Quite a bit of money is spent on tools each year at Applied Engineering Inc., so the optimization manager was pleasantly surprised when a toolholding system began doubling tool life, cutting overall costs.
“We’re always looking at ways we can improve our processes,” says Greg Husman, the company’s optimization manager. “What we’ve found is that balancing and heat-shrinking our toolholders gives us repeatable and predictive results.”
Based in Yankton, South Dakota, Applied Engineering is a 165-employee shop that specializes in short- and long-run aluminum components for industries including medical, military, commercial communications systems, and aerospace and defense. The company also launched its own line of compound bows, diversifying in a different market.
With dozens of high-speed horizontal machining centers, machinists at the company know that proper toolholding is critical to extending tool life and a key factor in machining accuracy and repeatability.
However, until recently, proper toolholding came at a high cost.
Pressure is on
Husman notes that they had been spending $40,000 per year on parts for its existing toolholding system, which required specially designed collets to be pressed into toolholders. Though the system achieved decent runout, the costs were difficult to justify. That is when a team began searching for a comparable, less expensive system. They found one while visiting the Haimer USA booth at the International Manufacturing Technology Show (IMTS) 2012.
Haimer’s system claims to have higher gripping torque, accuracy, and balance repeatability than other systems. A key difference is that it uses heat rather than collets or hydraulics to grip a part. The toolholder heats up, and the cutting tool is inserted. After the toolholder cools for 30 seconds, the toolholder and cutting tool become virtually one piece.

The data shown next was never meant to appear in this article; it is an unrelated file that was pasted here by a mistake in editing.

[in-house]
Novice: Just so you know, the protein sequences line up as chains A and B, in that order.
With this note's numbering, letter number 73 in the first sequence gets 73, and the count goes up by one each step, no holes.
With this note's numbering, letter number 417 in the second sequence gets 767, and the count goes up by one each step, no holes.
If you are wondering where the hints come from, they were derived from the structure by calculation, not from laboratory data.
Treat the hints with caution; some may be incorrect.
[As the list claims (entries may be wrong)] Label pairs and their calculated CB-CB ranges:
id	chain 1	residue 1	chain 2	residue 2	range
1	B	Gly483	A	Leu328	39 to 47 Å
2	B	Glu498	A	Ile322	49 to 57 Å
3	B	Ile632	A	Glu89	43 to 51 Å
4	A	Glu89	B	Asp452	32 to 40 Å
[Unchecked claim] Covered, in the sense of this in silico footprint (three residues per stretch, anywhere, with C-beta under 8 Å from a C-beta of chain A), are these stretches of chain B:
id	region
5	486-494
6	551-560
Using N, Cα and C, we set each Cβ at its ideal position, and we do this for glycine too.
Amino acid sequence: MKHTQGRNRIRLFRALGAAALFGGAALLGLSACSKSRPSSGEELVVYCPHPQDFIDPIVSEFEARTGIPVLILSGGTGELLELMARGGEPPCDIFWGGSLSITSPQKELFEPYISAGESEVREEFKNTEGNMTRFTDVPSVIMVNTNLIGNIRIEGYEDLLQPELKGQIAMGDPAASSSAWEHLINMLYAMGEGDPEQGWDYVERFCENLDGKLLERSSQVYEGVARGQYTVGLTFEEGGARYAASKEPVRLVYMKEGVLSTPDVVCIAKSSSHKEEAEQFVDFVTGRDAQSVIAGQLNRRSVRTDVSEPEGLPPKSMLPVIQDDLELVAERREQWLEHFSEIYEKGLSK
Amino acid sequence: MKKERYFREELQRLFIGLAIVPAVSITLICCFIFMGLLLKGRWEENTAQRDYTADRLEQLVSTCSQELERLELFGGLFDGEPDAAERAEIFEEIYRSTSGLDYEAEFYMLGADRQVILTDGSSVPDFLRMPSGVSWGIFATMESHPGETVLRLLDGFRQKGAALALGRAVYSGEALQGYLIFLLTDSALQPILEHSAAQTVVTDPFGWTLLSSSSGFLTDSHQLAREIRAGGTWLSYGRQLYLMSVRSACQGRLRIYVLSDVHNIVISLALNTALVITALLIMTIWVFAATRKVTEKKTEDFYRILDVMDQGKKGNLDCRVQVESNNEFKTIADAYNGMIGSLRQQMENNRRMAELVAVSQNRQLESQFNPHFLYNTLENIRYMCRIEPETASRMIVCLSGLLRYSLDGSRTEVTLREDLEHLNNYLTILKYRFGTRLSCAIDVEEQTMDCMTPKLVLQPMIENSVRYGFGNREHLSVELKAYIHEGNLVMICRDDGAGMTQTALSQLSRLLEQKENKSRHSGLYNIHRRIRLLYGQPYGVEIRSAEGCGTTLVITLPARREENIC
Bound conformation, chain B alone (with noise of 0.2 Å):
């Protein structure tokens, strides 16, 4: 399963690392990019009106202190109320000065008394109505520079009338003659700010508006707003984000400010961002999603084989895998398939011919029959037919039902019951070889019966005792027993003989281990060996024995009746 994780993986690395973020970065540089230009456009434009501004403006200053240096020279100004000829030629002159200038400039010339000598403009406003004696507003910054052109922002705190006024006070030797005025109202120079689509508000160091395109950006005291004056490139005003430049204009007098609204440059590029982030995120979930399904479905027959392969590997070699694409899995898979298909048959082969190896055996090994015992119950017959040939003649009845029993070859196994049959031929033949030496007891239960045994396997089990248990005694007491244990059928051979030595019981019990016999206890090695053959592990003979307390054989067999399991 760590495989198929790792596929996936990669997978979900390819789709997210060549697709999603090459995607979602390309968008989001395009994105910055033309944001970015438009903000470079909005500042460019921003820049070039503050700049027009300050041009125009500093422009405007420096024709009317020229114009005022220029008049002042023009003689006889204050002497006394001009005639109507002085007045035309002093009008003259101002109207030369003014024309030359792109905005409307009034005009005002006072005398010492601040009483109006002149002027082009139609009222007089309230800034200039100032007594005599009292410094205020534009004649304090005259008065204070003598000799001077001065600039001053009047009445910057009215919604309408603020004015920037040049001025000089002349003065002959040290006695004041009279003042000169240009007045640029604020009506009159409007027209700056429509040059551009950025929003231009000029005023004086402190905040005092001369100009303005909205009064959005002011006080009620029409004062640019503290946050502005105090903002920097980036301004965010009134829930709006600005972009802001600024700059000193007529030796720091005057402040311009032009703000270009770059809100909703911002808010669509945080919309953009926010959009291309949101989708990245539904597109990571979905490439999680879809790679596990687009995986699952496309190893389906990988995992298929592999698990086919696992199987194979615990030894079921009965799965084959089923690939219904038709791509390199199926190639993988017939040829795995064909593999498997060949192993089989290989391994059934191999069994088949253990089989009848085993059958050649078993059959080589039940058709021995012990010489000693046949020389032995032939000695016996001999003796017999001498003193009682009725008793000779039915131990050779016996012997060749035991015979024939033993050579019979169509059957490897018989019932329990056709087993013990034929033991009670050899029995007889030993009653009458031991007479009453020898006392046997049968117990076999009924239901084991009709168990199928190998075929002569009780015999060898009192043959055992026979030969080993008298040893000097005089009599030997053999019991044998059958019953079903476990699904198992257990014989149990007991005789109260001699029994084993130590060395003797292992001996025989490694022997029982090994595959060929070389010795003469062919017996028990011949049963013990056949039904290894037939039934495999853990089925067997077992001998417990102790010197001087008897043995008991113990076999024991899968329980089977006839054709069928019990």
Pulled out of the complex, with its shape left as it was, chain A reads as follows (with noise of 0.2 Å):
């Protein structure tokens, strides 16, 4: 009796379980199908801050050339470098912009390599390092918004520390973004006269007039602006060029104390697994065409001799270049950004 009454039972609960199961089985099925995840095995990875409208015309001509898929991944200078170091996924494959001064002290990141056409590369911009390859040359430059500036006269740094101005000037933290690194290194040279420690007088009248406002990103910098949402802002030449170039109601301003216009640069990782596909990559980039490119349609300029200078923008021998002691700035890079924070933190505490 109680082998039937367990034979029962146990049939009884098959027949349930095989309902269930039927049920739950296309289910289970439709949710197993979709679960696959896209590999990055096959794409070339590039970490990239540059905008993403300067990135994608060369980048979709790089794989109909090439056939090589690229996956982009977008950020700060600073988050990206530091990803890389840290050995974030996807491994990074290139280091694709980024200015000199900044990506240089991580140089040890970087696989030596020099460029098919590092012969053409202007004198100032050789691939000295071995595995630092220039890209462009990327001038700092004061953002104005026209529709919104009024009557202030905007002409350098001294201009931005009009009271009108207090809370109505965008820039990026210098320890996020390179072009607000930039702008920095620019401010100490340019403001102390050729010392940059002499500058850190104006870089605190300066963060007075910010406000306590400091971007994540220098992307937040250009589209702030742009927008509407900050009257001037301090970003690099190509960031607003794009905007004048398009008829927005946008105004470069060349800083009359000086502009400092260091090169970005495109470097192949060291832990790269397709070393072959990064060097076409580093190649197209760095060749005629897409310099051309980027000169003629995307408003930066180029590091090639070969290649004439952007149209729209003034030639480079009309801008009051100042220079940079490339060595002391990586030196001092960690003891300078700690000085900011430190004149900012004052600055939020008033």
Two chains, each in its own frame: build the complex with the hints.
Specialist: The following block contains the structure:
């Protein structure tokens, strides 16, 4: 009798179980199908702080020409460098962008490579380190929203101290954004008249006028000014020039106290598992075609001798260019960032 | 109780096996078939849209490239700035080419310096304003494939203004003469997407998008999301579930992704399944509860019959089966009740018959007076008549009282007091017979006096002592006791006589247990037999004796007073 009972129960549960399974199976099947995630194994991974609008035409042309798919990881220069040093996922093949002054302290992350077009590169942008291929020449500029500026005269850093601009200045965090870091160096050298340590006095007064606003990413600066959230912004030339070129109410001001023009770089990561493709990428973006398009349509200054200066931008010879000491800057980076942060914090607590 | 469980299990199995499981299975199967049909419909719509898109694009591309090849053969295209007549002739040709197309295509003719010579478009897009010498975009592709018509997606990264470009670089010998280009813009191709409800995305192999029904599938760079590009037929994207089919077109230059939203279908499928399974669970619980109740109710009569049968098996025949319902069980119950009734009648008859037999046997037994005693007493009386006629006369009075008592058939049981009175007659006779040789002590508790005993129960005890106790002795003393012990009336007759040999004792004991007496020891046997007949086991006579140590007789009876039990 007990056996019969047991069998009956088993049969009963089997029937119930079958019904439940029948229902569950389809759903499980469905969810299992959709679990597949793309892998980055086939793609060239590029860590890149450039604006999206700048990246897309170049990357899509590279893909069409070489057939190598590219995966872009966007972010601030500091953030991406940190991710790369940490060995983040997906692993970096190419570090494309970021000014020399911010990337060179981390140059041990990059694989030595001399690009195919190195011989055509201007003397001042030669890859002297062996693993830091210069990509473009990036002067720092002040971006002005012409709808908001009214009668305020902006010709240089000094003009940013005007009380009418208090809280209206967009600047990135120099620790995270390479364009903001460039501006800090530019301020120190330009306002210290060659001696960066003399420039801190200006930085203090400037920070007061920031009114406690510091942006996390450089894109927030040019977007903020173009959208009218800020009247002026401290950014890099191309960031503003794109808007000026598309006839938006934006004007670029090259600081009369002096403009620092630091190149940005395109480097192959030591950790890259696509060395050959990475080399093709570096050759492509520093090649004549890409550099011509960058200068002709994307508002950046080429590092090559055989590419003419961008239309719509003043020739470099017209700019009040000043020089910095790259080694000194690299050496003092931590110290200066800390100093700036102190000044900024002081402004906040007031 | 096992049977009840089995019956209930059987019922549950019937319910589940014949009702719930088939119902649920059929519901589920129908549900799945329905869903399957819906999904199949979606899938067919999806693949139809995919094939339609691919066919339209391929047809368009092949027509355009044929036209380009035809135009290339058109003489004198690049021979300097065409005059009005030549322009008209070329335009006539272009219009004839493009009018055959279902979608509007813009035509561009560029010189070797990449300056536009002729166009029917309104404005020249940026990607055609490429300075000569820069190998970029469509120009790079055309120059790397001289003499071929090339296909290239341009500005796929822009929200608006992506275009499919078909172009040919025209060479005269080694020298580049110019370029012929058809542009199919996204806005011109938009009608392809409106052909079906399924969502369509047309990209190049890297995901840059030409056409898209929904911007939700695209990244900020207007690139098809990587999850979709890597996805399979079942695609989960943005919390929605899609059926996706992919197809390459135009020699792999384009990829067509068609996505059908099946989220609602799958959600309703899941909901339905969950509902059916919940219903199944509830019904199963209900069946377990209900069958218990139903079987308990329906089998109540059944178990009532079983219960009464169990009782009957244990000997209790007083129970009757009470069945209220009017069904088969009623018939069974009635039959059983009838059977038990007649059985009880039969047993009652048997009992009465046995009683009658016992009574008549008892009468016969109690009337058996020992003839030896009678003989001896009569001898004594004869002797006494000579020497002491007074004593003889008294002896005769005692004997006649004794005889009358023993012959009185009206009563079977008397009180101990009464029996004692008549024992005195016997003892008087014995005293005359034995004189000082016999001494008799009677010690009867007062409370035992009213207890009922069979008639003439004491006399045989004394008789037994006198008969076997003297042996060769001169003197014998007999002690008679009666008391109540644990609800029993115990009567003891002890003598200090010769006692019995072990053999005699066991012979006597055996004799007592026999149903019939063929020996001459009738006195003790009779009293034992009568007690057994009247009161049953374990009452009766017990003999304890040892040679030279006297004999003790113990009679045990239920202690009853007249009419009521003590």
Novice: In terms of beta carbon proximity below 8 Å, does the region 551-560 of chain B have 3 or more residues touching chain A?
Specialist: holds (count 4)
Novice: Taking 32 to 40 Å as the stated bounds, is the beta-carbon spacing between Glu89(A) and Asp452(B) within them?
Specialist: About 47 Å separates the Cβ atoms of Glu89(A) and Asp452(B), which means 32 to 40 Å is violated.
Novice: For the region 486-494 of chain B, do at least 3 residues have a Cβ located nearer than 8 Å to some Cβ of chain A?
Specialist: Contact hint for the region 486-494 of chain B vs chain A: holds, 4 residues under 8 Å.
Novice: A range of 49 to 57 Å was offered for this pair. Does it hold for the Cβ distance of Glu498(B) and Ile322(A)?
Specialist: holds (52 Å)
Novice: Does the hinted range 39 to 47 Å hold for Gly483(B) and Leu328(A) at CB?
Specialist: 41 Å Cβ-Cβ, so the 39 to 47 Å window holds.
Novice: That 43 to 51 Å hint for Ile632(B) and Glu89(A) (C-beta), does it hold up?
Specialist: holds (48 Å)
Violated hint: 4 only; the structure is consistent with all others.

Engineers tested the Haimer system and experienced a dramatic improvement in runout, gripping force, and balance – the three main variables in toolholding on a consistent basis. Tool life increased from 80 parts to more than 600 parts.
“The Haimer system paid for itself in less than a year,” Husman says. “Not only have we increased tool life on many of our tools, but the quality of our parts is increasing just from the repeatability of tooling. We’ve also noticed an improvement in surface finishes and cycle times. Though we still use both systems in order to remain diversified, the Haimer system is a better fit and much more economical.”
A key benefit was balance repeatability and balance options. Because there are no moving parts with the shrink-fit system, additional fine-tuning is often unnecessary. However, the company decided to purchase Haimer’s modular balancing system to improve tool life for its other toolholding system.
“The balancer alone has helped us beat tool life expectations by at least 20%,” Husman states. “When combined with the shrink-fit system, which helped us improve runout from 0.0007" to 0.0002", we can achieve near-perfect conditions. Haimer’s balancer can be used for any of our toolholdling systems; the heat shrinking just takes it one step further.”
Because of the high gripping torque of the Haimer shrink-fit system, machinists also noticed a reduction in scrap – cutting waste in half last year.
“We’ve been very pleased with the products and service offered by Haimer USA,” Husman says. “They provided training on the shrink-fit system and balancer soon after delivery, and they have been quick to answer additional questions. They’ve been very good to work with.”
Applied Engineering Inc.